wuḍūʾ (ablution)

Does smiling or laughter break wudu?

Does smiling or laughter break wudu? Lets say one laughed once and realize it would that break wudu?

No, they do not have an influence on wudu. There was a difference of opinion on whether laughter during the prayer would nullify both the prayer and the wudu, but the stronger opinion is that it only nullifies the prayer without affecting the wudu.

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The permissibility of wiping off wudu water

Salam alaikum. Is it permissible to wipe off our wudu, as in drying the water off our skin with a towel, after taking a wudu before prayer?

Alaikumassalam wa rahmatullah,

According to Imām al-Nawawī, all scholars agree that it is permitted. But there is disagreement on whether it is makrūh (“disliked”) thing to dry off the wudu water or whether it is mubāḥ (“permitted and neutral in value, netiher good nor bad”). The fatwa I cite below says that it is sunna to not dry off the water (since the Prophet PBUH never did that), but that doing so has no harm.

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Is a shower the same as ghusl? Is wudu necessary after ghusl?

selam My question is if I had intercourse and I take shower and then wudu is my prayer valid? Olso is Gusul considered under shower or are they any other steps involved thanks

Alaikumassalam wa rahmatullah,

As discussed in this previous answer, taking a shower is ghusl provided that you take the shower with the intention of ghusl and provided that the water reaches your entire hair, head, face and body. So taking a shower with the intention of ghusl is sufficient to be able to pray afterwards.

Most scholars also agree that there is no need to perform ablution (wudu) after ghusl, as ghusl brings you into a state of purity that includes the state of ablution. However, after the water reaches the parts of the body that are washed during wudu, if a person does something after that that nullifies wudu (such as touching the private parts), then they should make wudu afterwards in order to pray.

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How should females wipe their hair during wudu?

How should females wipe their hair during wudu? It's difficult to wipe back to front

It is sufficient to wipe the front part of your head without wiping anything else. This is what Aisha, may God have mercy on her, used to do.

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Can you make wudu when your awra is visible?

Salaam. I have couple things to ask. Is it okay if we take wudlu while our awrah is visible, e.g. our chests (for women), navel or knees revealed?

Hiding the awra is not necessary for the correctness of wudu. A person can perform wudu naked during the performance of ghusl (i.e. during showering).

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Does bleeding from the gum nullify wudu or fast?

Salam brother, does swallowing blood break fast/wudu? what if it’s only a small amount? I have a tooth that constantly bleeds and it’s frustrating worrying about it all the time.

According to a fatwa by the Qatari Fatwa Authority bleeding from the gum does not nullify wudu, but a person should avoid swallowing it as much as possible. As for fasting, a fatwa by the respected Egyptian scholar Yusuf al-Qaradawi states that bleeding from the gum does not nullify the fast as long as a person does not intentionally swallow the blood. If some of the blood mixes with the saliva and a person swallows some of it unknowingly or because they are unable to avoid it (since it may not be possible to remove all blood from the mouth), then there is no issue with this either.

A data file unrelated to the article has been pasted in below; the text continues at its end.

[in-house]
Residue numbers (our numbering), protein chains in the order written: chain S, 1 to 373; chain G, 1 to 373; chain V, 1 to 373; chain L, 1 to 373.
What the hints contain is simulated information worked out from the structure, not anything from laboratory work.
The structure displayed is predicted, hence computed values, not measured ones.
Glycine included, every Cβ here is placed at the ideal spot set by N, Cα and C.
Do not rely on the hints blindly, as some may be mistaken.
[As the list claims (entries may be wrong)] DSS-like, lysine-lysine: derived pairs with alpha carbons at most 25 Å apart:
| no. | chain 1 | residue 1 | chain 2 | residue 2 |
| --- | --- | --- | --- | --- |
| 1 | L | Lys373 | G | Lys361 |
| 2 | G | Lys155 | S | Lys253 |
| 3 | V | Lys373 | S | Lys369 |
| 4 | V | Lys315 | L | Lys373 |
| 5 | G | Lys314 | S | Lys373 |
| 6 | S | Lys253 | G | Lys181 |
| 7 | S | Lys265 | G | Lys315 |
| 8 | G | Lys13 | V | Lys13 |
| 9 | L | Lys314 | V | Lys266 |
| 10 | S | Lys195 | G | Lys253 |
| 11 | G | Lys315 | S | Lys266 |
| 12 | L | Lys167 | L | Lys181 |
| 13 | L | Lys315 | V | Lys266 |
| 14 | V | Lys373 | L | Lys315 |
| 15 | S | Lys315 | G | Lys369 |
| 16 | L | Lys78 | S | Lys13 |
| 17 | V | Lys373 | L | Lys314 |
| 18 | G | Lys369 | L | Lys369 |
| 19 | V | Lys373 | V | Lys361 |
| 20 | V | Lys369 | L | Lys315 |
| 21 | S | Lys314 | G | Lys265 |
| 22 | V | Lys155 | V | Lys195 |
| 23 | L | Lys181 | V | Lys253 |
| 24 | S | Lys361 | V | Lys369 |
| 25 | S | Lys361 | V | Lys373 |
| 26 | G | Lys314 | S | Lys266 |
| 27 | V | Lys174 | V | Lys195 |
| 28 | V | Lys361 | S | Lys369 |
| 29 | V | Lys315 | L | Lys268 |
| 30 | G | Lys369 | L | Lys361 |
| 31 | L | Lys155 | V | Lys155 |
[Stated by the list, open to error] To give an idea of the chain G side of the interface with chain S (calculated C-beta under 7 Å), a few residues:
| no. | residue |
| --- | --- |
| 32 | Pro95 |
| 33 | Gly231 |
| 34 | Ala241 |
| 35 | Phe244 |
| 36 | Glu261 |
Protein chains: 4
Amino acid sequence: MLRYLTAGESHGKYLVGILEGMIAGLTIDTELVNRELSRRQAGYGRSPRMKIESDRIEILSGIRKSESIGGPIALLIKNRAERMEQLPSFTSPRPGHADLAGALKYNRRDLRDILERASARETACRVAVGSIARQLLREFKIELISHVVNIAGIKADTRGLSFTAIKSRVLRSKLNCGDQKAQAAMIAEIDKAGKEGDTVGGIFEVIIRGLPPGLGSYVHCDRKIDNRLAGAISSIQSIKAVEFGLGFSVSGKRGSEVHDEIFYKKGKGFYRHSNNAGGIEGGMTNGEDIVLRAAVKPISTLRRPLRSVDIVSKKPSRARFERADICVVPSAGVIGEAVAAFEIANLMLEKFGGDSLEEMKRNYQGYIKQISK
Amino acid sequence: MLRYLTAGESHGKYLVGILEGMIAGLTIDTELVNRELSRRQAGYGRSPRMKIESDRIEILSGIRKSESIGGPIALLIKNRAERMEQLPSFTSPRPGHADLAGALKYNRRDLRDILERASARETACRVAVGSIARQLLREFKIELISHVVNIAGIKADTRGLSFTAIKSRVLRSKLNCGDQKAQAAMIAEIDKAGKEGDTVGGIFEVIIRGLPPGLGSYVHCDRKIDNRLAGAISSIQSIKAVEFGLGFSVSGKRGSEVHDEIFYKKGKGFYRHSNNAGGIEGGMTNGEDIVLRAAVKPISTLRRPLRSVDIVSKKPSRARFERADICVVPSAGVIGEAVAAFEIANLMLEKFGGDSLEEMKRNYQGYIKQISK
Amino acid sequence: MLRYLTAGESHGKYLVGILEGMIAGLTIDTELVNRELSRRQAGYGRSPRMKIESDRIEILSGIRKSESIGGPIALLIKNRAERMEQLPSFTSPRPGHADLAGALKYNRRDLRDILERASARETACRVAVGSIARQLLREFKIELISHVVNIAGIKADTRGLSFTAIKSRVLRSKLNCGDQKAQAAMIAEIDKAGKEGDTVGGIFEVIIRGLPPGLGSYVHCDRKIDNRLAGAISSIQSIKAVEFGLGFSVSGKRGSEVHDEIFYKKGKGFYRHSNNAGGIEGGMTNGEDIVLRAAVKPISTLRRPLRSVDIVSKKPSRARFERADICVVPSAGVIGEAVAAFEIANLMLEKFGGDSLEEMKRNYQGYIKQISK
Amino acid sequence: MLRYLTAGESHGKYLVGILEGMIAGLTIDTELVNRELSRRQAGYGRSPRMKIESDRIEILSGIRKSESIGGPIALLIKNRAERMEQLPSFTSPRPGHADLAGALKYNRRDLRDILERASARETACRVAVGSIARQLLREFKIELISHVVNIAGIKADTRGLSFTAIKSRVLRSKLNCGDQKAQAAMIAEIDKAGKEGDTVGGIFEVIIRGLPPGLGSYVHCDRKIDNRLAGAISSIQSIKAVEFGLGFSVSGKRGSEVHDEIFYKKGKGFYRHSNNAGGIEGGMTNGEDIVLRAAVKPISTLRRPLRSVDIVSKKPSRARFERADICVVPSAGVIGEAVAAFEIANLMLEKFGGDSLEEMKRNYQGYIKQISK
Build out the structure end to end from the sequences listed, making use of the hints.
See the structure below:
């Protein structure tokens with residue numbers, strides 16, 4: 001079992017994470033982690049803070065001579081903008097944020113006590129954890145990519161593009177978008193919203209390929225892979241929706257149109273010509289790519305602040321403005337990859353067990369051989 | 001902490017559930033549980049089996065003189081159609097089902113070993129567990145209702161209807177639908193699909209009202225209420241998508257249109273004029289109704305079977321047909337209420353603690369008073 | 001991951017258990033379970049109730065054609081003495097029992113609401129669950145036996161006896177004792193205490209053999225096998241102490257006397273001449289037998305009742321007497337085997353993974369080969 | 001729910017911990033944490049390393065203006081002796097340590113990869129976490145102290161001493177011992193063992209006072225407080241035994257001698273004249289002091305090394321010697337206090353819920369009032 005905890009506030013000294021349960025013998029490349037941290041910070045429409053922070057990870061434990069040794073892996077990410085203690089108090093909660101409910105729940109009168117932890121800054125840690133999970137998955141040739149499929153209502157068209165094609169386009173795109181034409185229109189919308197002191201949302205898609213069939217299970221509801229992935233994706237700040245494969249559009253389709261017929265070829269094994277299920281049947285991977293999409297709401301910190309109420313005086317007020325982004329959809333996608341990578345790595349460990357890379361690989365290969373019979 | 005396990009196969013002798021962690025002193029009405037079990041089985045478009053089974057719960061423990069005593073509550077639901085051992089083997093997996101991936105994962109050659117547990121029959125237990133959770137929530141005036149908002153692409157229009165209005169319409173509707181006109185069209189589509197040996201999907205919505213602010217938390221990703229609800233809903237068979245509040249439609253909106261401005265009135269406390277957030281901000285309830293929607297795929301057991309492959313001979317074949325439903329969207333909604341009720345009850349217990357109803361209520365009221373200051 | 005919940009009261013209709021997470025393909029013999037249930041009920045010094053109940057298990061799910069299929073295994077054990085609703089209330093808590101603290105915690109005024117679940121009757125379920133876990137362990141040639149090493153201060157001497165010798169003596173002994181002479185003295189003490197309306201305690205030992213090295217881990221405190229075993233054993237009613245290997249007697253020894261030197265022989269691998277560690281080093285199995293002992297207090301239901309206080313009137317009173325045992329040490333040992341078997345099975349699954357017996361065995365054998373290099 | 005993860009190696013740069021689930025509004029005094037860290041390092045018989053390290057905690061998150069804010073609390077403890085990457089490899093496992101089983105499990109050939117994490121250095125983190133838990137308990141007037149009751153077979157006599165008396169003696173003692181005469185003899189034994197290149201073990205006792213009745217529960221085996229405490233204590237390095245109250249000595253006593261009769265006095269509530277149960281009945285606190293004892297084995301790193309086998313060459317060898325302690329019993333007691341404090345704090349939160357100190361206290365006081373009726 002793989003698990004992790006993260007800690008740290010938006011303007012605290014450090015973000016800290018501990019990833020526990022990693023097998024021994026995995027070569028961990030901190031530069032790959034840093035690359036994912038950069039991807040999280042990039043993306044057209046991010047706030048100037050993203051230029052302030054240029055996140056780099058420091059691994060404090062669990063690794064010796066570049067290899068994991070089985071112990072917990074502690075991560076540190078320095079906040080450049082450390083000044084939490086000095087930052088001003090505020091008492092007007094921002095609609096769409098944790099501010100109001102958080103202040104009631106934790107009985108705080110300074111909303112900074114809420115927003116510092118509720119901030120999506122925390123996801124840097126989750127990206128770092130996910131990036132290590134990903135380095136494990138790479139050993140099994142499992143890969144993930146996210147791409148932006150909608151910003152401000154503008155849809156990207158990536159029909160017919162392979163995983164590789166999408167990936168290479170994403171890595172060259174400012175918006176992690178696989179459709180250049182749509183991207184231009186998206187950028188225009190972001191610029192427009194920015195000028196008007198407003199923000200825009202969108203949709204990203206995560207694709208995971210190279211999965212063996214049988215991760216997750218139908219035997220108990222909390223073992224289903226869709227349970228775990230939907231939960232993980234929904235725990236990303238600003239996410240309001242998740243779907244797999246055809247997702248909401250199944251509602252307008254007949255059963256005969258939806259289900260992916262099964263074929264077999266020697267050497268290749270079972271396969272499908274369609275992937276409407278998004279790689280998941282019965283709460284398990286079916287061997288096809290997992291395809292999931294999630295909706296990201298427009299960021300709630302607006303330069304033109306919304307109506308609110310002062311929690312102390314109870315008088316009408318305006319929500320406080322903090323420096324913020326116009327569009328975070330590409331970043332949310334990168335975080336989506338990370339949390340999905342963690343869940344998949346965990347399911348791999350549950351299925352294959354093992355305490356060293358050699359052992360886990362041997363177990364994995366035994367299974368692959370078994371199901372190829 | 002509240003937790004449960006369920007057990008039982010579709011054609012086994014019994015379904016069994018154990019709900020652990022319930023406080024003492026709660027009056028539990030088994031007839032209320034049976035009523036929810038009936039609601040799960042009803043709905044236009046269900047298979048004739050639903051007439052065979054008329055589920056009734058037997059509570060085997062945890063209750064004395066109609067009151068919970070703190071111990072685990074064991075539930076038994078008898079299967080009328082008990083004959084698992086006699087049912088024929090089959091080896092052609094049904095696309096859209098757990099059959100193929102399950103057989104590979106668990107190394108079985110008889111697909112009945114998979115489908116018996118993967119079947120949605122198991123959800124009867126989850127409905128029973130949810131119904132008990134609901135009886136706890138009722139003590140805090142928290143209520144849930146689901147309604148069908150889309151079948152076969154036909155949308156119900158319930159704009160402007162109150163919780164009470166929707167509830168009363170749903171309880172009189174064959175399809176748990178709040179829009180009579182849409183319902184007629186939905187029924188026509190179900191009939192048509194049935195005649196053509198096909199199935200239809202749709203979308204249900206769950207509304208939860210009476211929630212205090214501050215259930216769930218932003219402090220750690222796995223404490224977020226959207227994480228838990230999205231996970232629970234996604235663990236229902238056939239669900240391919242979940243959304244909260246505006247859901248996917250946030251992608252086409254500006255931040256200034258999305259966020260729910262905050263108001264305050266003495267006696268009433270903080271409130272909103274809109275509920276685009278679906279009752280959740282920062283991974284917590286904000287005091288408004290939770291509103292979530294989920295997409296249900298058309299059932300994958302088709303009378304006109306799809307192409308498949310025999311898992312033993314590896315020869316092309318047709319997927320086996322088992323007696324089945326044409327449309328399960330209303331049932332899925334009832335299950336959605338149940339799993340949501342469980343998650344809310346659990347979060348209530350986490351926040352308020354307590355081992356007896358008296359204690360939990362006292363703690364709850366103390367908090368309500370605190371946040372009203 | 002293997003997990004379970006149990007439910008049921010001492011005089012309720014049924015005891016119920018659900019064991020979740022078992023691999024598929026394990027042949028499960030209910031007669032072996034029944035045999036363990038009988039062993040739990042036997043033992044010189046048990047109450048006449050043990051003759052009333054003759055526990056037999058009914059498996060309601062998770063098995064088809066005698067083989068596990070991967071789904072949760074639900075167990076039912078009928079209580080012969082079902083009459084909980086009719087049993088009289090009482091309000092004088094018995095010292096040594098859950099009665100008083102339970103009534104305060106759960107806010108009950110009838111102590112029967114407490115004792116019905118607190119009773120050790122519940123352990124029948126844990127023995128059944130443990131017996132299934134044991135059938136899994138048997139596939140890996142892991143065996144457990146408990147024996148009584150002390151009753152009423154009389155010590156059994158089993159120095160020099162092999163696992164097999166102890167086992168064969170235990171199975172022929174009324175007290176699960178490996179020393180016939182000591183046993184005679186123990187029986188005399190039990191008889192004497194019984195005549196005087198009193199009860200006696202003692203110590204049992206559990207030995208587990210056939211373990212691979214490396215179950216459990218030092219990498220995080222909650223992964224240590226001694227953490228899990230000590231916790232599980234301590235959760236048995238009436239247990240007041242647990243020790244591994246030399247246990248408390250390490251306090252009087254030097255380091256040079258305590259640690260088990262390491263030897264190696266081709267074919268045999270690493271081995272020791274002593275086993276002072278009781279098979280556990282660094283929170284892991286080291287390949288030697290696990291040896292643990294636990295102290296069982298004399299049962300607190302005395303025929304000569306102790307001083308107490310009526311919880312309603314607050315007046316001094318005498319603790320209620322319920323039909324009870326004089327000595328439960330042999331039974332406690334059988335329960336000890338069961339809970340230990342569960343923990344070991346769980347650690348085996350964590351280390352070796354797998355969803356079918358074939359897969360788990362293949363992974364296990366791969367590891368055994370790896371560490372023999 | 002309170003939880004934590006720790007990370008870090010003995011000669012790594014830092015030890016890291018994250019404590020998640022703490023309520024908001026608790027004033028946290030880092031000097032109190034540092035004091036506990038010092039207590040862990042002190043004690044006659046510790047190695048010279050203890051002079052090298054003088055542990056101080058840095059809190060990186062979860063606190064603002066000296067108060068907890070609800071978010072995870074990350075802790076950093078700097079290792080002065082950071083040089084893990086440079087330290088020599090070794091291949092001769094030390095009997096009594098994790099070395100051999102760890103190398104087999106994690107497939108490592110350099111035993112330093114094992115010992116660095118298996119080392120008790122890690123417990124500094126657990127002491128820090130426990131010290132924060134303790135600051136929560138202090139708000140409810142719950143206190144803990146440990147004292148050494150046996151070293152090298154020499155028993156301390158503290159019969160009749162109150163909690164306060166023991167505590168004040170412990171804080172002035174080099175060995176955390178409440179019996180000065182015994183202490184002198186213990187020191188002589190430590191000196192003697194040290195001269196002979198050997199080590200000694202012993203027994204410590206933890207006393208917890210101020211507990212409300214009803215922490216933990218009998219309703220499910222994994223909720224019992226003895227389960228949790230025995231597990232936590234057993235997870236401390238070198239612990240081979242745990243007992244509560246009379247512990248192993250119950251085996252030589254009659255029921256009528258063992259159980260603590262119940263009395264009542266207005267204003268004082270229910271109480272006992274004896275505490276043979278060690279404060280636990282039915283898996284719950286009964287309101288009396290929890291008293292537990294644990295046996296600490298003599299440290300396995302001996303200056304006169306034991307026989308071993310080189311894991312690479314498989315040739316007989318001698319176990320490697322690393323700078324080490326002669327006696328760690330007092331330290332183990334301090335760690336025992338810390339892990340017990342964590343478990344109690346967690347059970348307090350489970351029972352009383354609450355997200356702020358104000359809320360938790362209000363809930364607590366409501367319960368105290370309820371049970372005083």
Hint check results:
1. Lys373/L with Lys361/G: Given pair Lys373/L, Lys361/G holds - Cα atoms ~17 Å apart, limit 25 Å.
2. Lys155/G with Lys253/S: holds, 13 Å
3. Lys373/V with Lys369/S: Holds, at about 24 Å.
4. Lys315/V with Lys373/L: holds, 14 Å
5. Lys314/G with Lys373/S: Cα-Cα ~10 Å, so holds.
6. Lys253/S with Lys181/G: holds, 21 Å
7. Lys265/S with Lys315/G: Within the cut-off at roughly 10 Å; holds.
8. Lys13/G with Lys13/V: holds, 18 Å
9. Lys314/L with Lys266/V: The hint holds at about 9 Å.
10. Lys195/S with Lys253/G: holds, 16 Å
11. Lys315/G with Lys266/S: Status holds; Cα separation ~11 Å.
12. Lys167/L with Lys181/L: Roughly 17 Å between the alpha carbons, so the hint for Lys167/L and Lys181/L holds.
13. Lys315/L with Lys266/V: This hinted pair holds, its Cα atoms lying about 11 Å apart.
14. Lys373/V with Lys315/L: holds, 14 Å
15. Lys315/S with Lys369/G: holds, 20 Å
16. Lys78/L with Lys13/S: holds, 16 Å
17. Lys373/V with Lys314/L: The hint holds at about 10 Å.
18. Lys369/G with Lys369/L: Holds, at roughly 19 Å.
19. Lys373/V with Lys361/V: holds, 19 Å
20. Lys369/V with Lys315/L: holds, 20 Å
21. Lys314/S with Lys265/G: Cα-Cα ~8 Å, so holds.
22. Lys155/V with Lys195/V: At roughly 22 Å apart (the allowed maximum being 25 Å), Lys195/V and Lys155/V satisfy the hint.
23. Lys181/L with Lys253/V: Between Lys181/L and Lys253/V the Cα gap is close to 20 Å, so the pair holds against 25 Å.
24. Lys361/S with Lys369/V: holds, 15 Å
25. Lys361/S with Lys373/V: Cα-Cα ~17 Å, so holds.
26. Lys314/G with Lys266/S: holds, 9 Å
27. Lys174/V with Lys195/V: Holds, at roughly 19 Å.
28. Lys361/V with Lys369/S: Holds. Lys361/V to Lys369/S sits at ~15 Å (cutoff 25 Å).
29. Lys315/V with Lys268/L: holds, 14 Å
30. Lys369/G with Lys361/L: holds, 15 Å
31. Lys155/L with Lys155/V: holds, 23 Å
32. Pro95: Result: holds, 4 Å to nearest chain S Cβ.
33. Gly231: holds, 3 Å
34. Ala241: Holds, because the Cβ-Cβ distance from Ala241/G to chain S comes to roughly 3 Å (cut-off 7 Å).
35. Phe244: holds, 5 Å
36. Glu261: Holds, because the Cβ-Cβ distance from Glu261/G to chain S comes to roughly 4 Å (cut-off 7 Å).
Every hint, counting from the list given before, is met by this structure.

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Wiping over socks to avoid frostbite from ablution

Brother, I get frost bite on my toes in winters so I have not been washing my feet while performing ablution since grade 9 (Only In winters). Is my act right or wrong? Also I miss prayers cux of cold weather nowadays so tell me how can I get motivation to offer prayer regularly in winters.

You can do what is known as al-masḥ ʿala al-khuffayn, which is to use your hands to wipe the top parts of your socks during ablution without taking them off. This, however, can only be done if you perform an ordinary ablution, then put on the socks. Afterwards, you can use the bathroom, then when performing ablution again, you can wash your face and hands like normal while keeping your socks on. Instead of taking the socks off, you may simply wipe your hands over the top part of your feet, starting with the toes.

This can only be done for 24 hours, after which the person has to take the socks off and perform an ordinary ablution for the next prayer. In this way, you can perform ablution at home, put your socks on, then keep the socks on all day and only wipe your hand over them when performing ablution.

Now there are differences of opinion on whether the above is permissible or not. According to Shaykh Yusur al-Qaradawi nine Companions of the Prophet PBUH said it is permissible, along with numerous Successors, therefore it is a safe option according to him.1

As for having motivation to pray, I recommend reading a regular amount of Quran everyday so that you may feel a closer connection with God. And the best way to do this is to read Quran during tahajjud, as I explain in this essay.